US Supreme Court reform commission releases draft materials on membership, size of court
Photo credit: Stephanie Sundier
US Supreme Court reform commission releases draft materials on membership, size of court

US President Joe Biden’s commission to study proposed US Supreme Court reforms released draft materials Thursday addressing the membership and size of the court. 

President Biden established a 36-member commission to study US Supreme Court reforms through an executive order issued in April. The commission was created to focus on five topics, including “the genesis of the reform debate, the Court’s role in the Constitutional system, the length of service and turnover of justices on the Court, the membership and size of the Court, and the Court’s case selection, rules, and practices.” It met for the first time in May, which triggered the executive order’s requirement that the commission produce a report on its findings within 180 days of the first session.

The report, which was submitted within the executive order’s time limit, addressed calls to expand the court’s membership. It also noted the timeline of vacancies, which included recently those after the deaths of former Justices Scalia and Ginsburg, as well as the retirement of Justice Kennedy. The commission then discussed the historical size of the Supreme Court and court-packing efforts.

Following this discussion, the commission determined that Congress has broad power to structure the Supreme Court by expanding or contracting the number of justices. However, the commission was divided on whether it was prudential to expand the court. Some commissioners were concerned that expanding the court would undermine the court’s legitimacy and its role in the constitutional system.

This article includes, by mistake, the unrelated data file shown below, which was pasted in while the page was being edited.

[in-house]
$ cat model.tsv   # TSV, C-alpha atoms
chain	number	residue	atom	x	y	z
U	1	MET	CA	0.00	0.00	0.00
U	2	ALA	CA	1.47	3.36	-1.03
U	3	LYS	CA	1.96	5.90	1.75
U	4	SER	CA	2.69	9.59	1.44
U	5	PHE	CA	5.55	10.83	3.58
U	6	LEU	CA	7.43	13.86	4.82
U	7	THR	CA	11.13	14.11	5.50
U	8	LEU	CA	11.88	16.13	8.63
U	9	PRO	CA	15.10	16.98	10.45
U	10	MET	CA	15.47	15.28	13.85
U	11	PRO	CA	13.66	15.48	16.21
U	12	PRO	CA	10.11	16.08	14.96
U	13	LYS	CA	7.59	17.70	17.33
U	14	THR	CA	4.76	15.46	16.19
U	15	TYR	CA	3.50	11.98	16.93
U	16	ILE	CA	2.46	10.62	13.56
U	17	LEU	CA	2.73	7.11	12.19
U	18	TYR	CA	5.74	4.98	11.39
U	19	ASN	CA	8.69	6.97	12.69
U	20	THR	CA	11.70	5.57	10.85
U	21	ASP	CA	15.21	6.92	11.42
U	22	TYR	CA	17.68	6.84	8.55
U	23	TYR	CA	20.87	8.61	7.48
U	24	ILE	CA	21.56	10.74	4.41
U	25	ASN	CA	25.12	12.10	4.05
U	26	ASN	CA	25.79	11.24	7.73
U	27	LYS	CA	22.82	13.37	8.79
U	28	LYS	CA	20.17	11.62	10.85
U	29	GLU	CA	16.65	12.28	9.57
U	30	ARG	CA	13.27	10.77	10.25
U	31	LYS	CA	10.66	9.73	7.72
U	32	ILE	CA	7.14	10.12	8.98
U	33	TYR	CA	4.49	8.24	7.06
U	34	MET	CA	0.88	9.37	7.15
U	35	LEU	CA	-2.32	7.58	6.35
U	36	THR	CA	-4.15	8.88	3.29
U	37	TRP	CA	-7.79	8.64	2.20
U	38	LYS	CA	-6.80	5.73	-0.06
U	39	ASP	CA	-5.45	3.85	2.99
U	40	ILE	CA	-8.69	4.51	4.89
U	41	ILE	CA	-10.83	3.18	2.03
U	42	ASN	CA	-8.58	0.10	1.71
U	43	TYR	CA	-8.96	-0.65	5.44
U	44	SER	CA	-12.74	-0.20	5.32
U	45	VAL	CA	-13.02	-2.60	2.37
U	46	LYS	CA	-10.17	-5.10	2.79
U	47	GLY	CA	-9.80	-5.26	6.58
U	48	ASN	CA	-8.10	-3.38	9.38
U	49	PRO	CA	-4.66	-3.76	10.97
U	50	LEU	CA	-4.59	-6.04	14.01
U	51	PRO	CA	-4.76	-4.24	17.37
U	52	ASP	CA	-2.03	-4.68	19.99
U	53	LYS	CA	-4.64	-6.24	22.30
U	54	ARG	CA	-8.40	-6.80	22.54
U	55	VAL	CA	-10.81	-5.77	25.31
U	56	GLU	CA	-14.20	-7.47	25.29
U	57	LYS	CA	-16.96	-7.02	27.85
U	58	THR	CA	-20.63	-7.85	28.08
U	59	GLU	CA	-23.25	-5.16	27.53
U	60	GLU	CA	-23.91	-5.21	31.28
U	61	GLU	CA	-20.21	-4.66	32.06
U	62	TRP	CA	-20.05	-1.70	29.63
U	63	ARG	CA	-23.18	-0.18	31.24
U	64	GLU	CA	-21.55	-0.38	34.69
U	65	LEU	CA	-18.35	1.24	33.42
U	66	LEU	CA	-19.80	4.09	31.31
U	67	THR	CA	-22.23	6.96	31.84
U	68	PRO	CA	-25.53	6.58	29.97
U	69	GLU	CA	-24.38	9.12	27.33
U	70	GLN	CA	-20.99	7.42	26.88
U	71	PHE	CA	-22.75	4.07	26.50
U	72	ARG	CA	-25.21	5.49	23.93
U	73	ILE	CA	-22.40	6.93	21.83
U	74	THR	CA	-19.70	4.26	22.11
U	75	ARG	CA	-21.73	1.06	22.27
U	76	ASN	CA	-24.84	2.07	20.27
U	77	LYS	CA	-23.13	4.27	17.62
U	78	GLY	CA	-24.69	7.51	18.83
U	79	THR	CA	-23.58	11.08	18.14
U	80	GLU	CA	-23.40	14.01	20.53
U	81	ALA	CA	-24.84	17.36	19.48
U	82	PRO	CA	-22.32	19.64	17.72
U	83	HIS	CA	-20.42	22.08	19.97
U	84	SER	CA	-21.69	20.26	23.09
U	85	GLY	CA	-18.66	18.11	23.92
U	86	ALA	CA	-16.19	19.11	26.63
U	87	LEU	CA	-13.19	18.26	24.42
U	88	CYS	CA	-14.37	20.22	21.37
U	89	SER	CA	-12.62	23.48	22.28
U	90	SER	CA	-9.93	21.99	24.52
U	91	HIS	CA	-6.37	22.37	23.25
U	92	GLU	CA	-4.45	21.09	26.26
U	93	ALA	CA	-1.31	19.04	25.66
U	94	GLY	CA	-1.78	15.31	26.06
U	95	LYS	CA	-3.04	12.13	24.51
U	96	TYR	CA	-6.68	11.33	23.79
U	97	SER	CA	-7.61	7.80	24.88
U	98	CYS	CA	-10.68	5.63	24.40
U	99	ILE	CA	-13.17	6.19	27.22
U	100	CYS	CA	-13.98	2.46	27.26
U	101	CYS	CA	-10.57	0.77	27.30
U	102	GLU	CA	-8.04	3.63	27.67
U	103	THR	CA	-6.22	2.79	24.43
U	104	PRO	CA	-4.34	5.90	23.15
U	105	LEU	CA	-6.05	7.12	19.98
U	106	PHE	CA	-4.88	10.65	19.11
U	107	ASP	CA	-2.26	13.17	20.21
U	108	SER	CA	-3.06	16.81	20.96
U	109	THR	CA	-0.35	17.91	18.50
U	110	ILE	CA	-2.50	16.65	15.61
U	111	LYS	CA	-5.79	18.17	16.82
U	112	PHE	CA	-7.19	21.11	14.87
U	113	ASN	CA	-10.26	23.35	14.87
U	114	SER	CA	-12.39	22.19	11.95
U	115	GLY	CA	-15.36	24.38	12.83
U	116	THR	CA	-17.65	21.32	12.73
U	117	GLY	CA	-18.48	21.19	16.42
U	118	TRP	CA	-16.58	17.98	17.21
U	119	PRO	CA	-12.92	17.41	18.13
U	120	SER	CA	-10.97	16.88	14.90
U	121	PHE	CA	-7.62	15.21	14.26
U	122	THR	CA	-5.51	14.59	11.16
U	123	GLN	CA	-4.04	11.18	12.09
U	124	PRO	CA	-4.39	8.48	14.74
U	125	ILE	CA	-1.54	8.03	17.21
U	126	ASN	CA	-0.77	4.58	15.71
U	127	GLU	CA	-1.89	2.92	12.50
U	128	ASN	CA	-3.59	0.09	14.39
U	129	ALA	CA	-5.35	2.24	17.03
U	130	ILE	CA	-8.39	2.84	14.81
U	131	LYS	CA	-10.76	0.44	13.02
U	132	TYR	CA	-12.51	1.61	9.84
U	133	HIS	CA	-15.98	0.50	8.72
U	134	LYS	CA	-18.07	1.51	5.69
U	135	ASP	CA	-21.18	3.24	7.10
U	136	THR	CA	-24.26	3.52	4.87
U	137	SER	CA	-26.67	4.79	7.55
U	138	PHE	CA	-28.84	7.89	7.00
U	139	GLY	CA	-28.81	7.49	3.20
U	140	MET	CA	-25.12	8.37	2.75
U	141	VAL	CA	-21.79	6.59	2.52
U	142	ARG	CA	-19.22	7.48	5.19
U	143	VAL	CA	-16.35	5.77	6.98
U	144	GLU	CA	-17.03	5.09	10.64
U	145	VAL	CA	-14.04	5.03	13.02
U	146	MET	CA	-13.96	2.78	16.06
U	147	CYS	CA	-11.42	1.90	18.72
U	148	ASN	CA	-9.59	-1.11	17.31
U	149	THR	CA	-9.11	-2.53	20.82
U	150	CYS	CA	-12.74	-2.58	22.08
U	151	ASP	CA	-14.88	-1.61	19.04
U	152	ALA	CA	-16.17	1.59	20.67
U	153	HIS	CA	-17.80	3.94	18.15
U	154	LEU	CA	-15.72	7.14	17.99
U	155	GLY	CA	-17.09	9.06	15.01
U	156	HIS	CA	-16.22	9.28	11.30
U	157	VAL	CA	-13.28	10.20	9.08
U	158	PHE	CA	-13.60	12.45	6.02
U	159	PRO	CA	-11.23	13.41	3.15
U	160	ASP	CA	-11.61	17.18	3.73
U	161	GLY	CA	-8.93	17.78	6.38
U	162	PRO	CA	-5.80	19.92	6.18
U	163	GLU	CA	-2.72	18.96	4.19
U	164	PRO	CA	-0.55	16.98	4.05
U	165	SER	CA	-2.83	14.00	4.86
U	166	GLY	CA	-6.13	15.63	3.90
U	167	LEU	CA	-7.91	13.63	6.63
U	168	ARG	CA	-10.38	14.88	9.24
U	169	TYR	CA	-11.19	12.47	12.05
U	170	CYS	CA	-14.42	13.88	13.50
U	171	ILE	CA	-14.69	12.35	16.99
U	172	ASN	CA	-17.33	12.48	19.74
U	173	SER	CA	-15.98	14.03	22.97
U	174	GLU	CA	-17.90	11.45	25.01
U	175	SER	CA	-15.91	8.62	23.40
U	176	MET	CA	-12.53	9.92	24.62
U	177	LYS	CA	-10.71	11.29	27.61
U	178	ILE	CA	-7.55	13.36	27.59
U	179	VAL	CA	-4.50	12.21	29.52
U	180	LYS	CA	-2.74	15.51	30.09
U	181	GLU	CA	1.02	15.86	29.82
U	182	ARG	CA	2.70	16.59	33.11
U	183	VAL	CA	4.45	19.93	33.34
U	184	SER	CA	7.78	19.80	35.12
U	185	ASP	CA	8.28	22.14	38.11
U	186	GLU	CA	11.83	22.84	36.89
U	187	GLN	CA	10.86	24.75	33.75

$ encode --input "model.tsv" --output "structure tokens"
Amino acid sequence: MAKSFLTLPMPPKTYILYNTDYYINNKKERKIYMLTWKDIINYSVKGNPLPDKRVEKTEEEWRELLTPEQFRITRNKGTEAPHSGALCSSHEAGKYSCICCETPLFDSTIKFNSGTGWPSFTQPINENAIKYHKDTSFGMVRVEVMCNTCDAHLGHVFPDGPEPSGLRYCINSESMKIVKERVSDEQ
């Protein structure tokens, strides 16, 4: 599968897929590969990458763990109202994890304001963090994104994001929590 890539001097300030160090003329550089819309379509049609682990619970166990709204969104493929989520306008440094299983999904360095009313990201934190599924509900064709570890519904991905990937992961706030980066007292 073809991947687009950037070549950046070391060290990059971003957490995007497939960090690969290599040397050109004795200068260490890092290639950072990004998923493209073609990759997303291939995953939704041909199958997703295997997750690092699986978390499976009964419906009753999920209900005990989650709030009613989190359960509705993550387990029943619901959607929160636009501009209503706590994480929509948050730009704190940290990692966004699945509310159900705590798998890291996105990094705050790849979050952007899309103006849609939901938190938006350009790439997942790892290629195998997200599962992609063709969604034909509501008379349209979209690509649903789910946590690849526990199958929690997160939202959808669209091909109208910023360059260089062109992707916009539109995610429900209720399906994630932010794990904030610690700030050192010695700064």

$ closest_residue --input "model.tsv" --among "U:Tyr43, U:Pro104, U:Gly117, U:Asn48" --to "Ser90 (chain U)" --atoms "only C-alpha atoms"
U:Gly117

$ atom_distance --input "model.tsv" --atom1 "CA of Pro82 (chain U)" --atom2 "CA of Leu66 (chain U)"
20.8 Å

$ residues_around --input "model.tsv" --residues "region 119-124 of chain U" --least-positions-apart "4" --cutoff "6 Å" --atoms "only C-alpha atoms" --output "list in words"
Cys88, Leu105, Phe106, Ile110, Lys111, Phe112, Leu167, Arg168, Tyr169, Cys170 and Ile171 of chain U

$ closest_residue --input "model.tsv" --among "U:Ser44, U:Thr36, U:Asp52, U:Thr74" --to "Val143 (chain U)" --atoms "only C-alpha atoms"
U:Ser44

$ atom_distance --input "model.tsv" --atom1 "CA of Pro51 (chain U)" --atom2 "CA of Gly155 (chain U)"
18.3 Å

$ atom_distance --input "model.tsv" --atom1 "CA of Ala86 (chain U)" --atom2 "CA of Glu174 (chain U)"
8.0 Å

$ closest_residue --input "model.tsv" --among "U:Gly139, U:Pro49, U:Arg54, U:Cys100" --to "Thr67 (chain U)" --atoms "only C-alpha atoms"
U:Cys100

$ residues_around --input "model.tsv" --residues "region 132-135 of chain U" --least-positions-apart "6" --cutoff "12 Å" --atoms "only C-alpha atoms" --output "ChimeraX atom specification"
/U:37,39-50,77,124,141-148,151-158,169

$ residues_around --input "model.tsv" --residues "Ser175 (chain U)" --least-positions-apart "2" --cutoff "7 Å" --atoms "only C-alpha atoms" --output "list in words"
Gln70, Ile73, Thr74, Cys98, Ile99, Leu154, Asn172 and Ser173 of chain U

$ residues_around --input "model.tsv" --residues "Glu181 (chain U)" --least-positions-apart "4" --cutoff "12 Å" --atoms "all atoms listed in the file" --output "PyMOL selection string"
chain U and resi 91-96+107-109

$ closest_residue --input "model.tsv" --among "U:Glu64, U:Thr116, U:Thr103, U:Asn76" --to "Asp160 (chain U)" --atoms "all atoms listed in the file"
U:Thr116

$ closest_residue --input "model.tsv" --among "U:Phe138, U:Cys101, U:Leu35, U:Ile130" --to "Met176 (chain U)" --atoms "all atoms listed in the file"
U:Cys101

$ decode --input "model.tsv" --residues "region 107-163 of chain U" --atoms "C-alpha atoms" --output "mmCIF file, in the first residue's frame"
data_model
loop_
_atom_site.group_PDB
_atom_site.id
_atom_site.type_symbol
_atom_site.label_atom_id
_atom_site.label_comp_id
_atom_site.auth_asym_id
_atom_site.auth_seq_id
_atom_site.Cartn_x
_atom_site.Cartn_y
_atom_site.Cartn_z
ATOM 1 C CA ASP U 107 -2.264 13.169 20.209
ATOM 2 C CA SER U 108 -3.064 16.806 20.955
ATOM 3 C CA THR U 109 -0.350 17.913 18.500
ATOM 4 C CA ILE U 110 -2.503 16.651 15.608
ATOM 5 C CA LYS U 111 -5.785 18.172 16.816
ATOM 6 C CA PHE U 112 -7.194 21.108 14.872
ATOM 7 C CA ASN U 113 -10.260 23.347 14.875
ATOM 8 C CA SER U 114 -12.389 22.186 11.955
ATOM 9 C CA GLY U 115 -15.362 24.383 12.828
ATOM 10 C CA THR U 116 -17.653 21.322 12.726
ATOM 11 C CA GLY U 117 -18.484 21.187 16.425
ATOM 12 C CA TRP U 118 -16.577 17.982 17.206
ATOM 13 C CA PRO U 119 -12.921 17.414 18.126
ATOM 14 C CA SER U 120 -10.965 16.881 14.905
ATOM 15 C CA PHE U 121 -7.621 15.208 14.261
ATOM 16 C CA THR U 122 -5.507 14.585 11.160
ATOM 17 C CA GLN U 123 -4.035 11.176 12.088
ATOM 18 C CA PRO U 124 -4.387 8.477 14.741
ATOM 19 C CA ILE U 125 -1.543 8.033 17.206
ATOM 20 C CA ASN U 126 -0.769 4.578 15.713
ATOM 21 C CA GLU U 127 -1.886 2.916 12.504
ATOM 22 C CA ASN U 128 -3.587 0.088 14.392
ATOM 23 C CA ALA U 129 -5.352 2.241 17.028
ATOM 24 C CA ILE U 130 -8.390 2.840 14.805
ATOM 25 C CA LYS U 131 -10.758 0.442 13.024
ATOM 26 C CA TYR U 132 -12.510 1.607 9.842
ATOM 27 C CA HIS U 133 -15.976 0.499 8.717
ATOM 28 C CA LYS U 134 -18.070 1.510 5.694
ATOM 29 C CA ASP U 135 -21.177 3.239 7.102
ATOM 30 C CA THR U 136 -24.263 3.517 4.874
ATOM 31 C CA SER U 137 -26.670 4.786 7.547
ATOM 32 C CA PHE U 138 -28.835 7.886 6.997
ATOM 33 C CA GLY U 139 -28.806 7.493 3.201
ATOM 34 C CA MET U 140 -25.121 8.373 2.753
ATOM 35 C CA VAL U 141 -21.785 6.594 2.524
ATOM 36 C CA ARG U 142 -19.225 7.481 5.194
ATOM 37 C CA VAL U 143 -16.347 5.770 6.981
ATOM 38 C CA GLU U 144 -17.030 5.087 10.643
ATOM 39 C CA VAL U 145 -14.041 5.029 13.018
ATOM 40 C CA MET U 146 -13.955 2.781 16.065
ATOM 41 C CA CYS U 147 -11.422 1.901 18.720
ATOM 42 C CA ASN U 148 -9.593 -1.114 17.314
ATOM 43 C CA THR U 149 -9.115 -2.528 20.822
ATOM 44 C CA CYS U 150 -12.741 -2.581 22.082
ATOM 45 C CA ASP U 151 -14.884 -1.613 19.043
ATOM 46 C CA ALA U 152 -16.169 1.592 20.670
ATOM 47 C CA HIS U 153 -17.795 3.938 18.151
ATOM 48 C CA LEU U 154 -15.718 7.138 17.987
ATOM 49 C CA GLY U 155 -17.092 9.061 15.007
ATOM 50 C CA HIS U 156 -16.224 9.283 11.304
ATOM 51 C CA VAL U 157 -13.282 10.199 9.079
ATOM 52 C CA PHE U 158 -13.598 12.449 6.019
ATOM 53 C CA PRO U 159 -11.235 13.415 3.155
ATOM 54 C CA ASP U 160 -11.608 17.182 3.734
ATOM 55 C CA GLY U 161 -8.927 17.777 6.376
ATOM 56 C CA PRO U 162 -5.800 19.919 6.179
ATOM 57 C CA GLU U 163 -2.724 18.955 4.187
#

The commission also examined other structural reforms. These included shifting or rotating justices from a larger set of Article III judges, utilizing panels of justices, and distributing partisan or ideological influence over the court’s composition. The commission noted that the first two potential reforms faced constitutional challenges under Article III, Section 1, which vests judicial power in one Supreme Court. The commission also stated that distributing influence over the court’s composition was “on a collision course” with the Constitution’s specification of how justices should be selected.

In a press briefing Thursday, Press Secretary Jen Psaki stated that these materials have not been submitted to the White House for edits or feedback. Following the release of the materials, there was a public meeting held on Friday. The commission will now form a final report and submit it to President Biden in mid-November.